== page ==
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The exclusive right to designate the residence of the child within Collin and contiguous counties.

They like to say the geographic restriction found in most divorce decrees is “automatic.”   Indeed, before some court’s that is true regardless of what the case law says about geographic restrictions.  In other courts, it is not automatic.  The Judge will listen to the evidence and rule.

In the last year,  I have won two geographic restriction cases where I represented the mother trying to move to another state.  One is moving to Arkansas and the other has moved to Atlanta. In the child custody case, one parent will be awarded the exclusive right to designate the residence of the child subject to a geographic restriction.

It is the public policy of the State of Texas and as implemented by the Texas Family Code that the nonprimary parent shall have frequent and continuing contact with his or her child. For this reason, a geographic restriction is put in place – “the exclusive right to designate the residence of the child within Dallas and contiguous counties.” Almost all orders will contain this language.

The case law says straight up that the geographic restriction is not automatic in every case. There is no automatic geographic restriction. There must always be evidence that the geographic restriction is in the best interest of the child. That said, the reality is that it is pretty much almost automatic. If a party “wins” or “settles” on the right to designate the residence of the child that party will almost always be subject to a geographic restriction. I heard a Tarrant County judge say one day, “in Tarrant County, we always impose the geographic restriction.” Well, that is not the law, but that is very much the way it is.

But all is not lost . . . The geographic restriction is also subject to a 100 mile rule – usually 100 miles but your order could say different. If the nonprimary, the person without the right to receive child support and designate a residence, moves a distance greater than 100 miles from the primary then the geographic restriction is automatically lifted. We had a client that had this “measured.” The father moved to 103 miles distant, and the mother moved to Indiana just about the next day. This was in accordance with the order. If I had represented the father in that case, I would have immediately filed for a TRO to stop the mother’s move – at least get a hearing on it.

Implementation of the Geographic Restriction is also dependent upon your judge. Some judges are a little more easier than others. One Dallas County judge in particular will certainly consider this issue and has been known not to order the restriction. A Collin County judge in one of our cases lifted the geographic restriction as applied to Collin County but did implement a geographic restriction that encompassed all of Texas. In other words, the primary in that case could move with the children to any part of Texas.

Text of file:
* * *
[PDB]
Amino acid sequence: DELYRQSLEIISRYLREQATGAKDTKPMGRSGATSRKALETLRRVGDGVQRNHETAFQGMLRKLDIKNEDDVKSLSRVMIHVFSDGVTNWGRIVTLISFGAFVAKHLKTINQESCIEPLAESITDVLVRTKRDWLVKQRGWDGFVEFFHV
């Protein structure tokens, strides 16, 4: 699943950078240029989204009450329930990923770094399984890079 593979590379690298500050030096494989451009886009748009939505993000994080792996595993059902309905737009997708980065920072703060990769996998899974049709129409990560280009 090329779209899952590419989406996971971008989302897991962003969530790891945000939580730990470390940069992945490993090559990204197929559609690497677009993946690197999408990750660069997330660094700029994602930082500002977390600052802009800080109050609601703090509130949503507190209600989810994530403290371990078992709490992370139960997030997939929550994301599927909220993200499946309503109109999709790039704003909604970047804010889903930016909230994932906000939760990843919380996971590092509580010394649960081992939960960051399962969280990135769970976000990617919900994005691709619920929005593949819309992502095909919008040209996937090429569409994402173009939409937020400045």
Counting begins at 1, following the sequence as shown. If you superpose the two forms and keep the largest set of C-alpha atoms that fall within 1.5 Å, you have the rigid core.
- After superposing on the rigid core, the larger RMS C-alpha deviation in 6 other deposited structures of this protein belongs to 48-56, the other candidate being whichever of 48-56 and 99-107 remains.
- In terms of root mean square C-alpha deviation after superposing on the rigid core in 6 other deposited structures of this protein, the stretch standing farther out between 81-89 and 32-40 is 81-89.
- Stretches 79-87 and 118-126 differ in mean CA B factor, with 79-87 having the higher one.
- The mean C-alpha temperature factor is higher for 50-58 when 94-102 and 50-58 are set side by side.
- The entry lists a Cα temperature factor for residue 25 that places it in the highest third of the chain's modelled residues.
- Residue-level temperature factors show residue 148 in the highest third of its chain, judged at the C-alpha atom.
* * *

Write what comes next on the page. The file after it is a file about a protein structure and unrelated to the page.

The Relocation Case – lifting the geographic restriction. If your divorce decree or order contains a geographic restriction, it might be possible to lift it. There are a number of factors associated with this. It is evidentiary driven. Each case must rest on its own merits. You need an attorney who has handled these types of cases before, as we have, and understands the law on this issue. Although there are a number of factors associated with the geographic restriction, probably one of the strongest arguments to make is – the primary is not moving out of reach. The primary only wants to move from Dallas to Austin (for example) – a three hour drive – because he or she has a new opportunity for greater salary and promotion. In this scenario, the primary is able to move to another city outside of the restriction but still close enough that affords frequent contact between the nonprimary and children. In addition, there is good reason – better employment opportunity. One of the lead cases on this issue was about a primary who wanted to move from El Paso to San Antonio – clearly a greater distance than Dallas to Austin. In that same regard, lifting the geographic restriction to allow a move from Dallas to Oklahoma City, Sulphur Springs, Abilene, or Houston should be doable. It is important that there are methodologies that allow the frequent contact between the nonprimary and the child(ren). Note, the nonprimary may be entitled to a child support credit associated with the costs of travel. The following material was taken from one of our briefs that was submitted to the court in of our cases: Mother submits this her Relocation Brief. Mother resides with her parents in XXXXXX, XXXXX and has done so since XXXXXXXXXXXX. Mother requests that the Court grant her the exclusive right to establish the residency of the children without regard to geographic restriction and in support shows as follows: Father, petitioner and father, was employed by First Baptist XXXXXXX, Texas as an associate pastor – worship and arts. His employment was terminated with the church due to his addiction to pornography and an affair with a woman in San Francisco, California – a former fellow classmate. Ultimately culminating with a rendezvous in California. Father has admitted that he is a sexual addict. Mother is the primary caretaker of the children; was a stay at home mother prior to the separation. Mother moved to Washington in order to gain the support, both financially and emotionally, of her family. Further, as the wife of a pastor she has been held out to embarrassment and the shame associated with Father’s sexual addictions. Her only friends are members of the First Baptist Church of XXXXXXX. With society becoming more and more mobile, the relocation issue among parents have become more and more of an issue with parents and courts. The lead case on relocation is Lenz v. Lenz, 79 S.W.3d 10 (Tex. 2002). The Court noted that although that the courts have historically disfavored removing a child from the jurisdiction in which they have historically resided, courts have reassessed the standards for relocation, moving away from a relatively strict presumption against relocation and toward a more fluid balancing test that permits the trial court to consider a greater number of factors. Such factors being: What is the parent’s good faith reason for the move? Permission: Mother moved to Washington with the blessing and permission of her husband. Mother and Father had discussed her move to Washington prior to her relocation. Father was present on February 20, 2011 when she with the children loaded up for the move and left for Washington. She left with Father’s blessing and said good bye. There was no “stealing away in the night” with the children. The move was planned and was open. Father gave her a bouquet of flowers at the time of Mother’s move. Reliance: Mother relied upon Father’s permission to move. Mother has been gone two months and has reestablished her connections with XXXXXXX, XXXXXXX. Her friends, family and support system is now, and has been so, established in XXXXXXXXX in reliance upon Father’s permissions to move. In addition, she is seeing a counselor in XXXXXXXX to assist her with the baggage associated with the emotional trauma of Father’s betrayals. She is also a member of a divorce support group in XXXXXXX, XXXXXXX. Embarrassment: Father is a sexual addict such that First Baptist Church of XXXXXXX had to install additional filter systems on their networks to prevent Father from accessing pornography. Compounding this, he engaged in a sexual relationship with a former classmate in California. Father as a pastor of the church was in the position of sheppard over his flock. He breached his fiduciary duty to his flock ultimately resulting in his termination. Mother, the wife of a pastor and mother of his children, was held out to ridicule and shame before the congregation. Her only friends in the Dallas area, were members of the church. Her support structure collapsed leaving no option but to move “back home.” Finances: Due to Father’s actions, Mother desired to separate from Father. the expenses associated with maintaining two households is well known to the Court. The parties, on Mother’s income, cannot afford to support two households. Mother’s parents are providing some measure of support for Mother and the children which allows the parties to maintain separate households. Children: The children have developed strong emotional connections with XXXXXXX, XXXXXXX over the last XXXXXXXX weeks. The older child is becoming involve in pre-K athletics – T-ball and is making new friends. XXXX is currently enrolled in a child development center where he has made new friends and connections. The younger child, age 22 months, has become close and attached to her maternal grandparents. Removing the children at this late date usurps them from the status quo and exposes them to inconsistent living arrangements and potential conflict. What is the financial and educational opportunity for the custodial parent? Mother is getting a divorce and will have to become financially independent. In the past, Father has been the primary financial supporter of the family. Mother has financial and educational support that is not otherwise available to her in the DFW area. Mother desires to attend dental hygiene school because (a) her brother is a Dentist and can provide a long term employment opportunity or connections to obtain employment and (b) dental hygienists earn income significantly above the national median. This, in turn, provides the financial support from which the children will benefit – a better standard of living, better extracurricular activities. Mother, at this juncture, is seeking employment from Starbucks because of its significant benefit program for part-time employees. Secondly, she is attempting to establish residency because XXXXXXXXX Community College provides a full scholarship for displaced homemakers – as long as they are residents of the state. What is the effect on extended family relationships? The parties have no extended family relationships in the Dallas, Fort Worth Metroplex. Mother’s parents reside in Sacramento, California. Father’s parents and brother reside in Anacortes, Washington. The family network is primarily located on the West Coast. There are no family support systems located in the DFW Metroplex for Mother. What involvement does the Father have with the children? Father has been a disengaged parent. The youngest child, child, has no significant relationship with her father. Father was involved in his church duties such that he was rarely home. Mother was at home taking care of his children while Father developed internet relationships and “tended his flock.” Furthermore, the older child has a diminished relationship with his father for the same reasons. Historically, while Father was in school – his focus was more upon developing relationships with female classmates than maintaining his relationship with Mother and his older child. Does the noncustodial parent have the ability to move? The family has historically been a transient family. At the time of their marriage, Father was in the Navy in XXXXXXX, XXXXXXX (99-02); then XXXXXXX, XXXXXXX(4 jobs and two residences); then a move to XXXXXXX, XXXXXXX (10 months), then XXXXXXX, XXXXXXX (living with Father’s parents and three rentals over 4 years), then to a rental in XXXXXXXXXX, Texas in late 2009, and finally, they purchased a home in XXXXXXXXXX, Texas in June 2010. Father has significant connections with the Northwest. Furthermore, Father no longer has a “career” job with a church but is employed by XXXXXXXXXX and XXXXXXXXXXXX. This is new employment for Father. Ostensibly a move to Washington will bear no significant impact upon his employment with XXXXXXXXXX (they have plenty of offices there) or his health care job. Father states “the ability to transfer to other roles, divisions, and territories within the XXXXXXXXXX , XXXXXXXXXX and otherXXXXXXXXXX companies are unlimited . . . roles and positions can easily be changed, and opportunities are vast.” Father email March 29, 2011 at 7:47 pm. Therefore, Father can easily relocate to XXXXXXX, XXXXXXX . What is the effect on communication and visitation with the noncustodial parent? American, Airtrans (now Southwest), Continental, Frontier, Delta, Sun Country, United, Virgin America and Alaska Airlines all serve Seattle, Washington from DFW. The price for a flight (coach) is as low as $383.00 for a round trip. There are at least a dozen flights per day. If Father chooses not to relocate to XXXXXXX, XXXXXXX , there are a plethora of low cost opportunities for Father to visit with his children there under the Texas Long Distance Possession Schedule. In that regard, Father should receive a credit toward his child support obligation due to the cost of flights – approximately $400.00. Has the custodial parent attempted to alienate the children? Mother hopes that Father will be a good and devoted father. Although he in the past has been removed from the children’s life (mostly and notwithstanding a trip to the zoo from time to time), Mother hopes that Father will become an involved father. In that regard, Father has requested telephone access with the children. Father has called each day at a set time in order to speak with the children. Mother has not objected or prevented this. In fact, Mother and her family have scheduled around these telephone calls. she has not prevented any telephone communication. Does the relocation make the custodial parent happy? Judith Wallerstein, Ph.D., and Richard A. Warshak, Ph.D. believe that the courts should recognize a presumptive right of the custodial parent to move with the child and should require the noncustodial parent to demonstrate that the move will be harmful to the child. See Judith S. Wallerstein and Tony J. Tanke, To Move or Not to Move; Psychological and Legal Considerations in the Relocation of Children Following Divorce, 30 Fam. L.Q. 305, 314-15 (Summer 1996). She argues that support for the primary custodial parent-child relationship should take precedence over joint parental access because of the presence of a correlation between the well-being of the primary custodial parent and the child’s well-being, and the absence of a correlation between the nonprimary custodial parent’s visitation and the child’s well-being. See Amicaus Curiae Brief of Dr. Judith Wallerstein, Ph.D., Burgess v. Burgess, 913 P.2d 473 (Cal. 1996). This recognition of the importance of the well-being of the primary custodial parent has become more prevalent in courts across the country and has received support from the higher courts in Texas. Is the relocation in the best interests of the children? For the above enumerated reasons, Father’s request that Mother move back to XXXXXX, Texas with a geographic restriction is not in the best interest of the children. In sum, for economic reasons (employment opportunity, support of parents, housing, etc.) it is in the best interest of the children for Mother to remain in Washington. For educational opportunity – free tuition for displaced parents at XXXXXXXXXCommunity College. Family support – grandparents and uncles are available to help Mother in the care of her children. XXXXXX’s opportunity to visit with and communicate with his children are not impinged. Mother is not attempting to alienate the children but encourages Father’s participation in their lives. In that regard, Father’s ties to DFW are recent and noncommittal. Father has many relationships and ties with the Northwest. For the above reasons, Father’s request that Mother move back to Coppell, Texas should be denied. In Lenz v. Lenz, 79 S.W.3d 10 (Tex. 2002) The Court listed the following factors considered by the New Jersey courts: reasons for and against the move; comparison of education, health and leisure opportunities; whether special needs or talents of the child can be accommodated; the effect on extended family relationships; the effect on visitation and communication with the noncustodial parent to maintain and full and continuous relationship with the child; and whether the noncustodial parent has the ability to relocate. The Court listed the following factors considered by the New York courts: the parents’ good faith in requesting or opposing the move, the possibility of a visitation schedule allowing the continuation of a meaningful relationship between the noncustodial parent and the child; the degree of economic, emotional, and education enhancement for the custodial parent and the child; and the effect on extended family relationships. The Court listed the following factors considered by the California courts: the nature of the child’s existing contact with both parents, the child’s age; community ties; and health and educational needs. Echols v. Olivarez, 85 S.W.3d 475 (Tex. App.–Austin 2002, no pet.) The Court of Appeals determined that the following factors supported the trial court’s decision to lift the residence restriction, allowing the mother to take the child with her to Tennessee: The evidence did not demonstrate that the mother had a vindictive motive in moving her child from Texas (the Court of Appeals referred to a North Dakota case which had cited case law in fifteen other states which considered this factor important in making their determination). Rather, the move was the result of the birth of a second son, the loss of her position in Texas due to her extended maternity leave, the new position in Tennessee offering additional financial security, and the expectation of career advancement there. The Court of Appeals found that the evidence demonstrated that the child would be a direct beneficiary of his mother’s promotion, both in terms of the financial benefits and in her well- being as his primary caretaker. There was evidence that the mother would be better able to care for the child in her new position because it offered her additional flexibility and her employer accepted her work ethic regarding work and family life. In re: C.R.O. and D.J.O., 96 S.W.2d 442 (Tex. App.–Amarillo 2002, no pet.) – The difficulty in maintaining that relationship if the children lived in Hawaii – The father testified that if the mother was allowed to move the children to Hawaii, he would return to Florida because he would have no reason to stay in Texas. In re A.C.S., 157 S.W.3d 9 (Tex. App.–Waco 2004, no pet.) The Court of Appeals mentioned the following factors in support of the trial court’s finding that the mother’s move to South Carolina was a material and substantial change of circumstances: The distance of the move. The fewer contacts between the father and the children after the move. The parties’ respective motivations for and against the move – The mother testified that she moved to South Carolina to leave an embarrassing work environment and to be closer to her family; however, the record also contained evidence that she interfered with the father’s access to the children, which the Court of Appeals believed tended to support an inference that she moved to restrict the father’s visits with the children. In contrast, the father’s opposition to the move appeared to be based solely on his desire to have more contact with his children. The proximity, availability, and safety of travel arrangements, as evidenced by the success of the visits made under the temporary orders which were agreed to by the parties.   In Hoffman v. Hoffman, 2003 WL 22669032 (Tex. App.–Austin) (not designated for publication) The parties met and married in Pennsylvania before they moved to Texas, and both of their families still lived in Pennsylvania. The agreement for the three-year geographic restriction was made with the knowledge that the mother intended to return to Pennsylvania at some point after its expiration. The court-appointed psychologist reported that the move would not be traumatic for the children. The poor level of communication between the parents – Both parents acknowledged this as a problem and the court appointed psychologist’s report noted that the children had been adversely affected by their parents’ inability to communicate with each other. The mother’s evidence that she would benefit tremendously from the move – She planned to move in with her mother, who would help her in raising the children, and she would reduce her monthly expenses by not paying rent or the expenses of childcare. She could also continue to provide daily care for the children while she finished her education. She believed her employment opportunities would be better in Pennsylvania, and she would have a wider support network in Pennsylvania. In the three years since the parties’ divorce, the mother had not worked outside of her home, had provided daily care for the children, had been studying to receive a college decree, and had spent most of her divorce settlement. Although the move would reduce the father’s time with his children, he would be able to maintain his relationship with them through visits, telephone calls, and email. The mother identified available airline flights between the two locations. The children would receive a comparable education in either location. The children would be able to build a relationship with their maternal grandmother.   The Texas Standard Possession Order “For both parents and children, visitation is critical to maintaining a sense of connectedness both during and after a divorce. But in the early stages of family restructuring and co-parenting, it is frequently a source of conflict. If former spouses want revenge, finding ways to spoil a visitation is easy. If they want to help their children through a difficult transition, they will find ways to make visitation successful. For visitation to work, both parents need to accept and acknowledge that their children have two homes – one with their father and one with their mother. Parents need to make sure that their children are safe and comfortable in both places, even if they don’t spend equal time there. They need to help make the transition from one home to the other smooth and calm. They also need to make sure they are being consistent in rules and discipline. Constructive Parenting Goals The following guidelines are examples of parenting goals that can help children grow into healthy, happy, whole people. Both parents should encourage visitation to help their children grow in positive ways. Children need to know it is OK to love both parents. In general, parents should treat each other with respect for their children’s benefit. Each parent should respect the other’s child-raising views by trying, when possible, to be consistent. For example, if one parent strongly opposes toy guns for small children, the other should take this into account when buying gifts Each parent is entitled to know where the children are during visitations. They should also know if the children are left with other people such as babysitters or friends when the other parent is not there. Parents should try to agree on their children’s religious education, as well as who is responsible for overseeing it. Parents should tell each other their current addresses and home and work phone numbers. Both parents should realize that visita-tion schedules may change as children age and their needs change. Tips for Smooth Visitations Be as flexible as possible with schedules. Treat your former spouse with respect. Help children feel safe and comfortable in both homes. Develop routines to give children a sense of security. Maintain open communication lines with your former spouse. Don’t question your children’s loyalty. Help make the transition from one home to the other smooth and calm. Discuss rules and discipline with your former spouse so you are consistent. Visitation dos The following suggestions represent strategies parents can use to achieve parenting goals. Be flexible about visitation schedules Give the other parent advance notice of changes in your schedule. Remember to give the other parent your vacation schedule in advance. Remember that your children may have plans that could affect your visitation schedule. Make visitation a normal part of life Find activities that give you and your children an opportunity to build your relationship. Allow time together without planned activities just to “hang out.” Provide a balance between fun and responsibility for your children. Encourage visitation that includes grandparents and extended family. Make sure your children have their own places in your home even if it is just part of a room so they feel it is also their home. Help your children meet other kids in your neighborhood so they have friends at both homes. Try to keep a routine schedule to help prepare your children for visitation. Have a checklist of items such as clothing and toys that your children need to take on visitations. If the children are old enough, they can help pack. If it’s appropriate, allow your children to bring friends along occasionally. Spend individual time with each of your children. Show respect for your former spouse and concern for your children. Be on time. Inform your former spouse if a new person such as a babysitter or romantic partner will be part of the visitation. Share changes in your address, home and work phone numbers, and in your job with your former spouse. Visitation don’ts Some parents use visitation to achieve destructive goals. These are goals based on revenge, such as one parent hurting the other or disrupting his or her life. To achieve those goals, parents may use destructive behaviors that can create a more hostile environment and seriously damage relationships. Destructive strategies can be deeply hurtful to children caught in the middle. Following are tips for avoiding destructive behavior. Don’t refuse to communicate with your former spouse. Don’t use your children to relay divorce-related messages on issues such as child support. Those issues should be discussed by adults only. Don’t make your children responsible for making, canceling, or changing visitation plans. Those are adult responsibilities. Don’t use your children to spy on your former spouse. Don’t fight with the other parent during drop-off and pickup times. Deal with important issues when your children cannot overhear. Don’t disrupt your children’s relationship with their other parent. Don’t make your children feel guilty about spending time with their other parent. Don’t use visitation as a reward for good behavior, and don’t withhold it as punishment for poor behavior. Don’t tell your children you will feel lonely and sad if they visit their other parent. Don’t withhold visitation to punish your former spouse for problems such as missed child support payments. Withholding visitation punishes your children, who are not guilty. Don’t withhold visitation because you feel your former spouse doesn’t deserve to see the children. Unless a parent is a genuine threat, adults and children need to see each other. Don’t use false abuse accusations to justify withholding visitation. Don’t let activities such as sports and hobbies interfere with the time your children spend with their other parent. Your former spouse can transport the children to those activities if needed and can sometimes participate. Don’t pressure your children about leaving clothes or toys at their other parent’s home. The children need to feel they belong in both places. Don’t falsely claim that your children are sick to justify withholding visitation. Don’t withhold phone calls to your children from their other parent. Don’t put down the other parent’s new romantic partner. Don’t allow your anger to affect your relationship with your children. Don’t hurt your children by failing to show up for visitation or by being late. Don’t spoil your children to buy their loyalty and love. Don’t let your children blackmail you by refusing to visit unless you buy them something. Don’t try to bribe your children. Don’t feel you need to be your children’s buddy for visitations to be successful. Your children need you to be a parent. Don’t try to fill every minute of a visit. Allow some down time for routine activities such as cooking or laundry, or quiet time just to be together. All of these visitation don’ts undercut children’s ability to develop an open and supportive relationship with both parents. One of the best ways to support children involved in a separation or divorce is to do what you can to make visitations go smoothly. Focusing on visitation dos is a first step in helping children adjust.” References Wallerstein, Judith S. and Joan Berlin Kelly. 1980. Surviving the Breakup: How Children and Parents Cope With Divorce. Basic Books. Wallerstein, Judith S. and Sandra Blakeslee. 1990. Second Chances: Men, Women and Children A Decade After Divorce – Who Wins, Who Loses – and Why. Ticknor & Fields, N.Y.